Research in the News

COVID-19 Pandemic Brings Telehealth Center Stage for Oncologists and Their Patients

May 4, 2020

A new research paper explains how Kaiser Permanente Northern California (KPNC) quickly ramped up its existing telehealth oncology program at the onset of the COVID-19 pandemic.

The editorial, titled “Telehealth in Oncology During the COVID19 Outbreak: Bringing the house call back virtually,” offers insights for medical centers and health systems throughout the U.S. facing similar challenges. It was published online May 4 in the journal JCO Oncology Practice.

“Cancer patients are especially vulnerable to COVID-19 infection,” said senior author Tatjana Kolevska, a medical oncologist and hematologist at The Permanente Medical Group. “Studies from China and South Korea reveal the risk of complications in these patients can be 5 to 8 times higher than the general population. It was important to us to publish this paper as fast as possible to show the opportunities telehealth provides to the cancer community to keep people sheltered at home.”

KP Northern California began to integrate telehealth into patient medical care more than 10 years ago. It drew on this experience to expand its oncology telemedicine program. Prior to the COVID-19 pandemic, about 15 percent of its oncology appointments were offered by telemedicine. Within a week of instituting new social distancing policies, clinicians had moved 95 percent of their oncology care to phone or video appointments.

“Because we are an integrated health care system, and because we had an established IT infrastructure that has already focused on telehealth for years, we could implement telehealth rapidly in response to the pandemic in a way that could create a seamless experience for our patients,” said first author Raymond Liu, MD, a medical oncologist and hematologist at The Permanente Medical Group.

The new publication provides a scaffolding for individual doctors and health care systems looking to start or expand their telehealth oncology care. Many are expected to do so in the wake of the Centers for Medicare & Medicaid Services announcement in March that policy changes would permit medical providers and health systems to bill for a wide range of telehealth appointments.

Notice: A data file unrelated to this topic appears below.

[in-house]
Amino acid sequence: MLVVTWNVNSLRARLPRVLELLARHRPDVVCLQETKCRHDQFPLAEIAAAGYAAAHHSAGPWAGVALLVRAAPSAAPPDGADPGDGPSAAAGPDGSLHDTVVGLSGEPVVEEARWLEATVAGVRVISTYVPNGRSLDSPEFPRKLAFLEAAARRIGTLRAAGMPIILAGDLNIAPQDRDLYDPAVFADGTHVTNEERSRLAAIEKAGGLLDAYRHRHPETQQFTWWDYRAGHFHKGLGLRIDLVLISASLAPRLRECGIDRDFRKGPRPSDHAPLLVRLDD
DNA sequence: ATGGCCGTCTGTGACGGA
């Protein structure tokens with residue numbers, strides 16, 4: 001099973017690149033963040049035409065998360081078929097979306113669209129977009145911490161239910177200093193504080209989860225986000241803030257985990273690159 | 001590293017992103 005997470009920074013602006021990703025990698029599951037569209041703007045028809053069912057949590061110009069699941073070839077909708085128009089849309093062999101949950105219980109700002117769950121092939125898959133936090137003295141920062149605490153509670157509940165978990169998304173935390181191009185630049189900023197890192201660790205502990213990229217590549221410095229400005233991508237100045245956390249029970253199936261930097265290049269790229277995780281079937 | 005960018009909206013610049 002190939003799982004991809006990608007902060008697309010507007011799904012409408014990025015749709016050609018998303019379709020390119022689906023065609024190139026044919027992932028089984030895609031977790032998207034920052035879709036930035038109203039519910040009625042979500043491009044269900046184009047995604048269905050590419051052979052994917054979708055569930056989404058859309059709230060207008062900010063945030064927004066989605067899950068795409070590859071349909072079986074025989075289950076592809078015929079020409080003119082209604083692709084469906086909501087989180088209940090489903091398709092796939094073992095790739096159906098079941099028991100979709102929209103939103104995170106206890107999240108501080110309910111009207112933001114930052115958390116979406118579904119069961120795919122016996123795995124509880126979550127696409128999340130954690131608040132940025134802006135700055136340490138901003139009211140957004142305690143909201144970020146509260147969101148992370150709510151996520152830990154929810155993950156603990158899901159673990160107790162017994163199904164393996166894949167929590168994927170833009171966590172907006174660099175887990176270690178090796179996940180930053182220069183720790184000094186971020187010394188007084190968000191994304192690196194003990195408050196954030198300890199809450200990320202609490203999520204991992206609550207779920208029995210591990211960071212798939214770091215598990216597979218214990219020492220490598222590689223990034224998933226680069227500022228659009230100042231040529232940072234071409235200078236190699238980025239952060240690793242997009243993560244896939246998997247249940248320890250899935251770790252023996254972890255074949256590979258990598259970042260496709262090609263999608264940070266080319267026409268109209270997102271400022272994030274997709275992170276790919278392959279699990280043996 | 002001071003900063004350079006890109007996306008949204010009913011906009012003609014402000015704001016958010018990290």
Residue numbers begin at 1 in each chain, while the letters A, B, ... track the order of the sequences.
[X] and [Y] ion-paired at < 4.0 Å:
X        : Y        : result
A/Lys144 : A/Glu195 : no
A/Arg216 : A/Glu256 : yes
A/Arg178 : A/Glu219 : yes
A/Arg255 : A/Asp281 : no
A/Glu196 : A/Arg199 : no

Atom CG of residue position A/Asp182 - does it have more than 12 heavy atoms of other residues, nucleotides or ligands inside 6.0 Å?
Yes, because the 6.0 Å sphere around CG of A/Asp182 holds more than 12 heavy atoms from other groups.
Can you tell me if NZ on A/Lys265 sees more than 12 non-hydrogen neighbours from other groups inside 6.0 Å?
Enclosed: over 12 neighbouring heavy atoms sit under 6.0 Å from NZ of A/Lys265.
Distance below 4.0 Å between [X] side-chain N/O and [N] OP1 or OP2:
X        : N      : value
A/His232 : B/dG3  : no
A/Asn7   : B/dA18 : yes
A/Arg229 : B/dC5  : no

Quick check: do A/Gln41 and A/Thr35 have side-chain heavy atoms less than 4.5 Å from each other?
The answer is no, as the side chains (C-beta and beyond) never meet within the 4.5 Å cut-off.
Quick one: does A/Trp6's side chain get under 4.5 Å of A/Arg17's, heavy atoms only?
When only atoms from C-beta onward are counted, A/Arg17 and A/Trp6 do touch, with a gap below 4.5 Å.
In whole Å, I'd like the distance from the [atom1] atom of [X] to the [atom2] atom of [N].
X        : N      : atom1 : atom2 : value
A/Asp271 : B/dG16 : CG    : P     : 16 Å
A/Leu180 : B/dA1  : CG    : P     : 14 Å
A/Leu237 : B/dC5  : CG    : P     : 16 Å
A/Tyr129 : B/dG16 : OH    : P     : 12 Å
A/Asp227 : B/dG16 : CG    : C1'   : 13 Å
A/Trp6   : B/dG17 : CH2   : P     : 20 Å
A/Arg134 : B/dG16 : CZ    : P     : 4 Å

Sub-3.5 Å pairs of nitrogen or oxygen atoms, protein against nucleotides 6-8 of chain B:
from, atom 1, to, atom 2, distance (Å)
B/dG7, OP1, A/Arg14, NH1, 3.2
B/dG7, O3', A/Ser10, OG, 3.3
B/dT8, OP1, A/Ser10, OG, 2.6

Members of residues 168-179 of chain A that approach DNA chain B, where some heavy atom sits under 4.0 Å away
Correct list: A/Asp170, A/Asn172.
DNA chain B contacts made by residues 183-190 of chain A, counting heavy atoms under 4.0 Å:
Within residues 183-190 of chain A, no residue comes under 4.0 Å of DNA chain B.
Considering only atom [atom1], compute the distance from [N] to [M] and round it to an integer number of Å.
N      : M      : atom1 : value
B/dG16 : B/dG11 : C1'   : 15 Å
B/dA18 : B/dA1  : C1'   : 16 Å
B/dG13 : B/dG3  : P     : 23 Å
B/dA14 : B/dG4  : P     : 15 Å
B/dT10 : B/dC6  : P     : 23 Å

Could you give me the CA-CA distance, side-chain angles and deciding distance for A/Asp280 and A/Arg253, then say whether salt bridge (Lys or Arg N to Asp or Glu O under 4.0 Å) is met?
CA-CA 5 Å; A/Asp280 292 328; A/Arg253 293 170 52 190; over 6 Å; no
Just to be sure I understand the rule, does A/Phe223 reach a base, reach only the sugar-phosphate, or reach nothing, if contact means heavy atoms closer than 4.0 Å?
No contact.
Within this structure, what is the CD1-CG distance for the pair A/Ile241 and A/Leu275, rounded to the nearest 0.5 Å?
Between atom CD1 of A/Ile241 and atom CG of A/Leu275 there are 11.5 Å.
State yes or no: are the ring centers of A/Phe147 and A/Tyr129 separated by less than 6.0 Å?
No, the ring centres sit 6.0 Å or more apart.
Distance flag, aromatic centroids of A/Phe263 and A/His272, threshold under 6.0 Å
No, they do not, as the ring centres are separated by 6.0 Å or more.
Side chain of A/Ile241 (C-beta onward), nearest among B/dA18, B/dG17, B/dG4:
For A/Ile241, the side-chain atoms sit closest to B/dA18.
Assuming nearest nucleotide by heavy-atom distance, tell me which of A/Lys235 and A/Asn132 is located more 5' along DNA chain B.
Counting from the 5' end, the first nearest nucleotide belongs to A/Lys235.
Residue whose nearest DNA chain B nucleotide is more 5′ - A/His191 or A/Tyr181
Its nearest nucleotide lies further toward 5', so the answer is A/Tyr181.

“The whole world is struggling with and working through how to care for patients virtually when trying to social distance,” said co-author Mary E. Reed, a research scientist at the Kaiser Permanente Northern California Division of Research. “It always helps to hear someone else’s strategies, what considerations went into the strategies, and how it played out. The lessons we learned are clinically urgent now for cancer patients.”

The authors explain that many key points of the patient-provider interaction can be successfully transitioned to a virtual setting, including appointments where oncologists might tell patients that they have cancer or that their tumor has stopped responding to treatment.

“Before COVID-19, we felt it was important for oncology patients to be seen in person when we had to have difficult conversations,” said Dr. Kolevska. In virtual appointments, oncologists have found they can use good eye contact and attention to how patients physically react to offer support despite the distance.

Dr. Kolevska said patients also benefit from physicians being able to share their screens to discuss recent scans or their lab results. In addition, family members from anywhere in the world can be conferenced in to learn about their loved one’s diagnosis and how best to support them.

Telehealth can also successfully be used to offer follow-up on treatment visits, sub-specialty visits, management of underlying health problems, and second opinion consultations. Supportive care, including support groups, smoking cessation programs, nutrition consultations, social work appointments, and integrative medicine can also be done virtually.

The authors believe the experiences patients and physicians are having now with telemedicine will permanently change cancer care. “I’d recommend oncology care clinicians begin building their infrastructure to manage the demand for telehealth care as soon as they can, because this is the direction that medicine is heading,” Dr. Liu said. “Patients are getting accustomed to the convenience and flexibility provided by telehealth care, and they are likely going to expect to continue utilizing those services even after the pandemic is over.”

No funding was received for this publication.

Co-authors also include Tilak Sundaresan, MD, of The Permanente Medical Group; and Julia R. Trosman, PhD, and Christine B. Weldon, MBA, of the Northwestern University Feinberg School of Medicine.

2020-06-12T22:03:42+00:00